25
30
35
40
Age of Arrival in Canada
45
50
55
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The findings presented in figure 1 & 2
suggest:
The female Iranians’ degree of foreign accent
did not increase sharply if they lived in
Canada for shorter period of time
Or they arrived in Canada at older ages
There is not strong correlation between the
first exposure to the language and degree of
foreign accent
Figure 2
10
Foreign accent rating
9
8
7
6
5
4
3
2
1
7
8
9
10
11
12
13
14
15
16
17
18
Years as a resident in Canada
19
20
21
22
23
24
25
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The findings show:
The more exposure they have to English
speaking community (work, study), less
noticeable accents they have.
One exception
Speakers with more native-like accent find it
less difficult to communicate in English
compare to those with stronger accent
The correlation between difficulty
communicating is negatively related to
foreign accent rating
Figure 3
10
9
Foreign accent rating
8
7
6
5
4
3
2
1
0
1
2
3
Difficulty communicating
4
5
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Some problematic sounds for Iranians who
want to learn English:
/θ/, /ð/, /s/, /v/, and /w/
Do not exist in Farsi
Remarkable degree of muscular control is
required to achieve native like proficiency
It’s hard to achieve native like proficiency:
If these muscles are not adapted to articulate
specific sounds until certain age, (age of
puberty)
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According to the questionnaire & diaries:
Twenty four of the participants were aware of
their accents
Nineteen thought it’s important to improve
their accents:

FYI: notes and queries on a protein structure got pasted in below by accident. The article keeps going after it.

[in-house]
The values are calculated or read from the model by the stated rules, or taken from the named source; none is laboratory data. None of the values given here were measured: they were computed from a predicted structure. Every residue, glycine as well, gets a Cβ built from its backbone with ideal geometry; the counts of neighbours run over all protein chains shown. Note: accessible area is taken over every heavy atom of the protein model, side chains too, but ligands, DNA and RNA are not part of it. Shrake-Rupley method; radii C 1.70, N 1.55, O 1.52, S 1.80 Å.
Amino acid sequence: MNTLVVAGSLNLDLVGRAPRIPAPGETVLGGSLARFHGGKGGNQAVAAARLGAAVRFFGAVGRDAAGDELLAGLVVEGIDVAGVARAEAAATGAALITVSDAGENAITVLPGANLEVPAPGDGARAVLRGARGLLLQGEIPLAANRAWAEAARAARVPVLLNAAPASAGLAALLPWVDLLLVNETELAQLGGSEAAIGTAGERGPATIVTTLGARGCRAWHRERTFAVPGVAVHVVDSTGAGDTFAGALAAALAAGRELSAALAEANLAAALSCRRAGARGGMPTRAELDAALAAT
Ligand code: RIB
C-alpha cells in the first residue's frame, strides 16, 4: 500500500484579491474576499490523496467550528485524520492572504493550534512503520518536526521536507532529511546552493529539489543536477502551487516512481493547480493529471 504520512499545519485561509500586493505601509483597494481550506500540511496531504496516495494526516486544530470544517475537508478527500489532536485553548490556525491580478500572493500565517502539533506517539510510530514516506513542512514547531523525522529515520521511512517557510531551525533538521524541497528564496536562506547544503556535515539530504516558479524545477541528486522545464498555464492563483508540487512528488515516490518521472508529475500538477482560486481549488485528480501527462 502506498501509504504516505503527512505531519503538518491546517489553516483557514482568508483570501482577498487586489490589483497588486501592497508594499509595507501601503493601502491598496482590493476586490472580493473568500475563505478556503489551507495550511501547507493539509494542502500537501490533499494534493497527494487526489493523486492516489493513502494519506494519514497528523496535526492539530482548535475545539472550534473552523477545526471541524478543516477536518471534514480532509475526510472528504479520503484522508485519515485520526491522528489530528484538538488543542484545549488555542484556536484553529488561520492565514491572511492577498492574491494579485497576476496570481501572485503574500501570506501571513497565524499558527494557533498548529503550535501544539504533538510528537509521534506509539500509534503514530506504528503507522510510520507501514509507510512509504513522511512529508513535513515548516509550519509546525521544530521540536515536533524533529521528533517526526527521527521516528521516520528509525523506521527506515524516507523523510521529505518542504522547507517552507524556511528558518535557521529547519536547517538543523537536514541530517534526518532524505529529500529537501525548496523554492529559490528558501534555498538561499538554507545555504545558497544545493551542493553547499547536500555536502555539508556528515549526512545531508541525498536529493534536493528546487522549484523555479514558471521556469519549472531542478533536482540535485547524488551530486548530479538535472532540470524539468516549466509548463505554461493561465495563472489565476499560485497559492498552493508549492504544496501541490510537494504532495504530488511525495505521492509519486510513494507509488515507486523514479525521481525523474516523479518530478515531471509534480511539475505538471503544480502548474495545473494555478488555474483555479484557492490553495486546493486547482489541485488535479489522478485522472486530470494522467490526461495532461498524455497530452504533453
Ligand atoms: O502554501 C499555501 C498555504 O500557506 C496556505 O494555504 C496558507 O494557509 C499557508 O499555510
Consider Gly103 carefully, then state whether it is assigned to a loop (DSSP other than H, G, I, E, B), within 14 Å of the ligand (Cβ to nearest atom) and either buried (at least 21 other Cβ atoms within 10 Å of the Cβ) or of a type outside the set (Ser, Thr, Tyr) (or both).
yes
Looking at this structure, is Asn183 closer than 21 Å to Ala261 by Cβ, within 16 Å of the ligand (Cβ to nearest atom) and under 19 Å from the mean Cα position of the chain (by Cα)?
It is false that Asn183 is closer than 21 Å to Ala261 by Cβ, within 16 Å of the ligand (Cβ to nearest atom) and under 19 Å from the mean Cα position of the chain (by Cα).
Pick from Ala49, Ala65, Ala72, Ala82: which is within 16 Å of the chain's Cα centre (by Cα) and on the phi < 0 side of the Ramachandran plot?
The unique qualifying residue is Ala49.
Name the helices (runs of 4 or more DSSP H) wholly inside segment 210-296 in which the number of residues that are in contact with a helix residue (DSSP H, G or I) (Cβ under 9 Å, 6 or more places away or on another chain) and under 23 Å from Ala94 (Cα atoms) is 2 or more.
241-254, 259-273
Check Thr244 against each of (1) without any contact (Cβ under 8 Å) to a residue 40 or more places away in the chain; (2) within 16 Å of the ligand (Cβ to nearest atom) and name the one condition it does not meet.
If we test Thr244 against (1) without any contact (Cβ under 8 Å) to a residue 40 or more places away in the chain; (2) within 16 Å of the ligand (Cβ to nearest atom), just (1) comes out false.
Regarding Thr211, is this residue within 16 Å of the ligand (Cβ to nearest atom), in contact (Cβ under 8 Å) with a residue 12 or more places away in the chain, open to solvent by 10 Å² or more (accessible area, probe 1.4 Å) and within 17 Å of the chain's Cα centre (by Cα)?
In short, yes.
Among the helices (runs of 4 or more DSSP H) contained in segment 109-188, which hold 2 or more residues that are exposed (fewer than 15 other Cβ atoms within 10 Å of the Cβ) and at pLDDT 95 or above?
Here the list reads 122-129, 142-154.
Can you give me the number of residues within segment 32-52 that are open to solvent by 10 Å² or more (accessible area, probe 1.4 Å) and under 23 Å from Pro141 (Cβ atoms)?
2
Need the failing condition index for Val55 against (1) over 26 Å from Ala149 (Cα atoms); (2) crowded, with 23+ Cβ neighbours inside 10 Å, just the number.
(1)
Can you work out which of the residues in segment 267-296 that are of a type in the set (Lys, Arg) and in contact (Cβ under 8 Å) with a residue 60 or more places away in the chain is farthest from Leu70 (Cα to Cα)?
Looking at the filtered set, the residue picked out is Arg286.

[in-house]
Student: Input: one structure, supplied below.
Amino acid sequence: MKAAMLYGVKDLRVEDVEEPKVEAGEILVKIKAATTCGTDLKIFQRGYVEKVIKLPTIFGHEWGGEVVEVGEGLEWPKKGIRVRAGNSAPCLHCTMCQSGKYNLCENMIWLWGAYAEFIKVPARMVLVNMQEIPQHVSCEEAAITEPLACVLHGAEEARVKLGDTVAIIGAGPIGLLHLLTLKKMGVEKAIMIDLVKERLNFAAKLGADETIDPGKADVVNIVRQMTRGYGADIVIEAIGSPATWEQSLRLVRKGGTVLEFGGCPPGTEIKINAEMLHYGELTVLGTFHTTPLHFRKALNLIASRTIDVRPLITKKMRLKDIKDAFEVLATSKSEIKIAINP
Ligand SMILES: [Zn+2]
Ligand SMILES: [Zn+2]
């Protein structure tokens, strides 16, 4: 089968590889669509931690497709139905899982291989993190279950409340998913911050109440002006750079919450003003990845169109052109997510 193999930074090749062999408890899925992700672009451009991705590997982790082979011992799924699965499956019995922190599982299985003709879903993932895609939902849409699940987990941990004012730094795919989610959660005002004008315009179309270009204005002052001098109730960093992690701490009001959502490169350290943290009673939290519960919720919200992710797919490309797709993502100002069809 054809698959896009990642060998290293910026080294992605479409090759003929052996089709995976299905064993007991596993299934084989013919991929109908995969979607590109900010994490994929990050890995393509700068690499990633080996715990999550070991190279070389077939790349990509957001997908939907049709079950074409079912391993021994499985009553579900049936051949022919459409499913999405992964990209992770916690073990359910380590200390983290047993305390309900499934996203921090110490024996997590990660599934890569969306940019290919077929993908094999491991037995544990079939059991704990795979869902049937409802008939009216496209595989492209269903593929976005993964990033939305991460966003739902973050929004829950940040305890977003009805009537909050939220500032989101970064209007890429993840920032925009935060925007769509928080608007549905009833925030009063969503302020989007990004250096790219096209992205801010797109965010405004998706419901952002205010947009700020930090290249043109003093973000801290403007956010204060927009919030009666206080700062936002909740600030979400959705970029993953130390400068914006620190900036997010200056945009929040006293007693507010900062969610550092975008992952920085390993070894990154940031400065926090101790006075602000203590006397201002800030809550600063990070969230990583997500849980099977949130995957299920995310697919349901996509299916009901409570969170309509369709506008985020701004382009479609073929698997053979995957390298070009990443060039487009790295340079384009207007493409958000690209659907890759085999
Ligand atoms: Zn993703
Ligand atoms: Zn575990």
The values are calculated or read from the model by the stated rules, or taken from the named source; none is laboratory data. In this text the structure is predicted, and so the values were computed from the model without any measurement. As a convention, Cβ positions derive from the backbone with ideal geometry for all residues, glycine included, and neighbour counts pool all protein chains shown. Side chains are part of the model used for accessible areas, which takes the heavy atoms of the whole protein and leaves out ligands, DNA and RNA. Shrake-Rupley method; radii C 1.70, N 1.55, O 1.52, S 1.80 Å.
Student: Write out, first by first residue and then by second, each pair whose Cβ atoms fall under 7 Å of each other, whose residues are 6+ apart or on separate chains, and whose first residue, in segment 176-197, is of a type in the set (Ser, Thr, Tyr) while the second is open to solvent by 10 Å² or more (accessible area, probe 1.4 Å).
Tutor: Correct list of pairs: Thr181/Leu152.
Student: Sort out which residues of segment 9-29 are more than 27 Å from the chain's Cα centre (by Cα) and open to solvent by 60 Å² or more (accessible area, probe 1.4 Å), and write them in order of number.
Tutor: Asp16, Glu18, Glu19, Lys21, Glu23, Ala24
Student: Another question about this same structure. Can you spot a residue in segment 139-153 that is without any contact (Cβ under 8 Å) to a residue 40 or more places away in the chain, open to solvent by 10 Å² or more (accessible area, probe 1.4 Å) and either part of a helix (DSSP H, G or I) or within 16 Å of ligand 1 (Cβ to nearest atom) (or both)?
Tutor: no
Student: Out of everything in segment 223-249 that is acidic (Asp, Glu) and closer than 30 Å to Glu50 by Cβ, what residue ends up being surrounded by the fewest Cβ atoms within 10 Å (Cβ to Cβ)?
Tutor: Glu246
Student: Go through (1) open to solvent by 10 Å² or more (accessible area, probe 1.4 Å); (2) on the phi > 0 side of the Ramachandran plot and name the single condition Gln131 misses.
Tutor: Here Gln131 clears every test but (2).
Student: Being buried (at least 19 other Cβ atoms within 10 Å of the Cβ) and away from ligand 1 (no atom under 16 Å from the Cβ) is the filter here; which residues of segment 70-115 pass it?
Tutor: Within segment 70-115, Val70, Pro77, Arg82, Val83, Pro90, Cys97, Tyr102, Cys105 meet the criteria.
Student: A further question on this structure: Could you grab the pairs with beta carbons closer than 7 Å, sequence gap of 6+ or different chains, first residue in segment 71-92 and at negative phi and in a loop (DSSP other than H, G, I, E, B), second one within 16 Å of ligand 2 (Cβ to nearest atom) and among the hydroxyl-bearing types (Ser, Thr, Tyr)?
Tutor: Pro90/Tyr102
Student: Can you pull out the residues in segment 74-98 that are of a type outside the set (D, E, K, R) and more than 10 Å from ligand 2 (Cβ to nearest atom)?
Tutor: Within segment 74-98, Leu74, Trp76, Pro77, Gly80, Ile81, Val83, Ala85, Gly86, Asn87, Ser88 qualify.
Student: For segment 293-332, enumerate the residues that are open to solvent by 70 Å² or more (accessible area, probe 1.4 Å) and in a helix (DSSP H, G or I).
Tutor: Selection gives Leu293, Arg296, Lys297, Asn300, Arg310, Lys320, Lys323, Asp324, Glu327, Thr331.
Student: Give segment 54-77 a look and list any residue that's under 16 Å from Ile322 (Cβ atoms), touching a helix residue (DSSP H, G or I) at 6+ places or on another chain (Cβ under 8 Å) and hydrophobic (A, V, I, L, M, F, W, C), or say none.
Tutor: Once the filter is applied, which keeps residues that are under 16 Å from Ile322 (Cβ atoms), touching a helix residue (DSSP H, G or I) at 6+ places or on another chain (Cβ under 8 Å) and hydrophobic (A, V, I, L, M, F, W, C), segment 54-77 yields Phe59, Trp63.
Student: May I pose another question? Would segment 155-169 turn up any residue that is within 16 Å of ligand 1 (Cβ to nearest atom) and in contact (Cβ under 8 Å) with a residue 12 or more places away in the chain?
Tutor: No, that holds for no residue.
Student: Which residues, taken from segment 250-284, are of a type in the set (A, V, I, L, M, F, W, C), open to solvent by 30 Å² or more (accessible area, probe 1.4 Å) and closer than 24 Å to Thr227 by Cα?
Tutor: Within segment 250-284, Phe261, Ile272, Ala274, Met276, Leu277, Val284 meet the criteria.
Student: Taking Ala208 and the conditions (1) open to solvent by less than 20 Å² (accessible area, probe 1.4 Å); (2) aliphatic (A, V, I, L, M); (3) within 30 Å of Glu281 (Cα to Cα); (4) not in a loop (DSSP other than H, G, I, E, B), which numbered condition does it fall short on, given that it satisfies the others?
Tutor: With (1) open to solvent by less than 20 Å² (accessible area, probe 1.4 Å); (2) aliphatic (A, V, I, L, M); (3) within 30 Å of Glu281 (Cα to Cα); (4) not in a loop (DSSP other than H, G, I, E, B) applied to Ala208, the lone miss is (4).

Gain confidence
Eliminate career barriers
Improve their professional image
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Some didn’t want to lose their accents:
Unwillingness to assume another identity
Lack of confidence
Rejection of native like speech
“Might deceive people about their
background and identity”
“Not telling the truth about herself”
“People perceive different things in terms of
cultural & behavioral expectations”
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Some thought they need to improve their
accents because:
To be accepted in the target language society
Find better jobs
Accent prevents them from taken seriously
Face biases, and challenges
Suffer lost opportunities in a society
Native speakers fail to concentrate on the
message
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Whether CPH exist, age should be considered
as an important factor
Two outcomes of this study:
First, the participants’ strength of foreign
accent in English grew stronger as their age
of arrivals in Canada increased
Second, if they have more exposure to the
language (work, study), they have less
noticeable accents compare to those who
stayed at home
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There are several factors that influence
Second language learning:
Age as a key factor in language acquisition